REVIEW: Kriminals – Represent [EP/2016]


Artist: Kriminals 

Album: Represent – EP


There are many ways we represent our surroundings—accents, dialect, fashion—you get the picture. However, accents can be learned, dialects can change with the formation of new slang terms and the resignation of old ones, and fashion is more and more becoming global as opposed to communal. However, music is one indicator of locale that stays relatively true to form. Fair enough—many northern metalcore bands found themselves adopting a distinctly southern twang during the late 2000’s, but that aside, many bands’ sound is an apt representation of who they are and where they’re from—which is where Kriminals come into play with their sophomore EP, Represent. This west coast quartet hail from the sunny beaches and blistering deserts of California, and if you can’t tell by the time you finish the album’s first song, you need to get your hearing checked. Influenced by every style of music the region has to offer—from bouncy hip-hop to hectic heavy hardcore—Kriminals provide an unfiltered experience that is distinctly themselves, as Represent doesn’t subject itself to trends or bandwagons—just brash, bold aggression.

Represent is a dynamic amalgamation of “old school” West Coast Hip-Hop and dissonant, devastating hardcore and metal. Guillermo Rodriguez defines this with his diverse and catchy drumming. Capable of hammering out steady, solid patterns that allow for fast-paced half-rapped segments or groovy, skull-busting breakdowns, Rodriguez hits home on hardcore anthems like “Kry Wolf” and “One For the Homies,” while still incorporating rap-influenced segments abundant on the band’s debut EP on songs like “Laced Up.” Working hand-in-hand with slinking, sludgy bass, Rodriguez crafts a crushing low end for guitarists Walid Gad and Justin Molina to work from. Gad especially—who is no stranger to playing in metal and hardcore acts—along with Medina give Represent a great deal of its immense diversity. While the duo rarely show off any form of technicality, they work together excellently to create catchy and groovy songs that allow excellent interplay between the band’s hip-hop and hardcore halves. Some tracks—particularly the rap interlude “GTA” see a strictly-synthetic component to the band’s instrumentation; this highlights the fullest extent of Kriminals’ rap influence, while also giving the listener a reprieve from Gad and Molina’s groove-laden onslaught, as “One for the Homies” especially beats the listener into submission.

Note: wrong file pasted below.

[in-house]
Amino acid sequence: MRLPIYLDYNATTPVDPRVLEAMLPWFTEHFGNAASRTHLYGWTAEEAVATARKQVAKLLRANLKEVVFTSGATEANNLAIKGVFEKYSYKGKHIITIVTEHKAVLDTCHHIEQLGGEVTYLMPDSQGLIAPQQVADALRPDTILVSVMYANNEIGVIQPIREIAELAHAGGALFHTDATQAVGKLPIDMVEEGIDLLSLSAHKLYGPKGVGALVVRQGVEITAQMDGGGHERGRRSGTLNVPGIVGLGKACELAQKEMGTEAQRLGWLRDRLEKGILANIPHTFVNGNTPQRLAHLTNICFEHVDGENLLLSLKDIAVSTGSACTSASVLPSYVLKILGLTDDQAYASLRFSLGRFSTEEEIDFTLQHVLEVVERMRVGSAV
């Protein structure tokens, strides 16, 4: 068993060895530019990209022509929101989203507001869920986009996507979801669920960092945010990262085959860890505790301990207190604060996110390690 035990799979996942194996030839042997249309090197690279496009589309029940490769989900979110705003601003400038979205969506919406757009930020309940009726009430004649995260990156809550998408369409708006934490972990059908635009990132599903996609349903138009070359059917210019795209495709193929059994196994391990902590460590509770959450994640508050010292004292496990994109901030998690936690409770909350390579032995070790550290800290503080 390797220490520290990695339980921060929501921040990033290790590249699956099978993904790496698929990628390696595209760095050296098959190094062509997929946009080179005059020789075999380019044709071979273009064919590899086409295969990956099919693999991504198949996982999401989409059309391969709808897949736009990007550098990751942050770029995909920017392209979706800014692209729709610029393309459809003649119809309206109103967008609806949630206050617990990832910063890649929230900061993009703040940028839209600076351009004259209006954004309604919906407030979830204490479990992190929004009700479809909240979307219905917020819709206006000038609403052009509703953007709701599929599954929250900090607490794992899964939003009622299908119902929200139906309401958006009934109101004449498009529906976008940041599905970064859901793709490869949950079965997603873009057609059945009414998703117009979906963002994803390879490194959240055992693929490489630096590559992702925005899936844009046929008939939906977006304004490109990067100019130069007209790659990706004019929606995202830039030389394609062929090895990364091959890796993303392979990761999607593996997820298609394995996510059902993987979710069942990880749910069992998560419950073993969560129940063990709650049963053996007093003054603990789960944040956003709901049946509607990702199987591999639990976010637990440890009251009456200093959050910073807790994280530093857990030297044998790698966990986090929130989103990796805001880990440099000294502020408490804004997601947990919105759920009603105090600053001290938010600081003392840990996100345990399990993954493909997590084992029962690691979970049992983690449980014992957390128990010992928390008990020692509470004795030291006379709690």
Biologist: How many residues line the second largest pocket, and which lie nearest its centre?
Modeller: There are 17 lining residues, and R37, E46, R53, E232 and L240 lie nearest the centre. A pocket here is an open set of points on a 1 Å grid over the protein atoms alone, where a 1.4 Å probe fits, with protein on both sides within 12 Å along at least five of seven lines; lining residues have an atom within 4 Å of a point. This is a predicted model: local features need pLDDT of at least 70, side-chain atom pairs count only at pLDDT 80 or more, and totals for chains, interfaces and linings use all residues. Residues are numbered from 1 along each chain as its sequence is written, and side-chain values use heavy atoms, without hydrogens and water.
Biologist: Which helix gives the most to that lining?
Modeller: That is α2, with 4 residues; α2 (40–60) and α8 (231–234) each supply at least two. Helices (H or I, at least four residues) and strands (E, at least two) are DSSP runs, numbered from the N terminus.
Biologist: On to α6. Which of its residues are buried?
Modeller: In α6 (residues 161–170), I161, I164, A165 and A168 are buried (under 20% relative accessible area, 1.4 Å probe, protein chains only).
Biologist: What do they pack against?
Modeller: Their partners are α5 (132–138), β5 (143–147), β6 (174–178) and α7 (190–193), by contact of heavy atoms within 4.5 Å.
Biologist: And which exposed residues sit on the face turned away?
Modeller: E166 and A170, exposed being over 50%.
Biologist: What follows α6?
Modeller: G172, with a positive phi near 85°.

Where Kriminals’ musicianship favors groovy nu-metalcore and gritty hardcore, the band’s vocal dynamic is a much more diverse example of their sprawling influences. Frontman Michael McCormick finds ways to add slurry, trap and hip-hop swagger into just about every track. Whether it’s the way his harsh mid-range roars drop into lightning-like spitting on “Open Your Mind Before You Open Your Mouth,” or the entirely rapped “GTA,” McCormick doesn’t bother hiding his proclivity for verbal acrobatics and vocal prowess. While his better tracks are those like “Kry Wolf” and “One for the Homies” where he works well with Gad and Molina’s groovy guitar playing, “GTA” is still a solid venture, even if fans who came for Kriminals’ more crushing and aggressive play on metalcore might end up skipping it entirely.

Where Kriminals’ debut felt gimmicky and a little bit forced, Represent flows like a more natural showcase of who the band really is. “Laced Up” and “One for the Homies” sees the quartet scaling back the over-the-top and occasionally cringey rapping that plagued their previous record, while “GTA” indulges the inner hip-hop fanatic that resides inside many heavy music lovers. The only weakness in Kriminals’ sophomore record stems from the relative lack of material. Boasting seven tracks on paper, two of the songs are essentially samples or instrumental (in the case of “The Whip”) with both being under a minute. Then there’s “GTA” which is lengthier but doesn’t involve the entire band—once more, leaving those who prefer the band’s metalcore musicianship out in the cold. This leaves four full songs: not bad for an EP, but still disappointing to those who were anticipating seven full tracks of scathing nu-metalcore fury. Even in light of this, Represent remains a solid outing, a refined and matured take on the band’s debut EP—seeing them move from “guilty pleasure” to just a pleasure.



For Fans Of: Emmure, These Streets, Hacktivist, Genocide District

By: Connor Welsh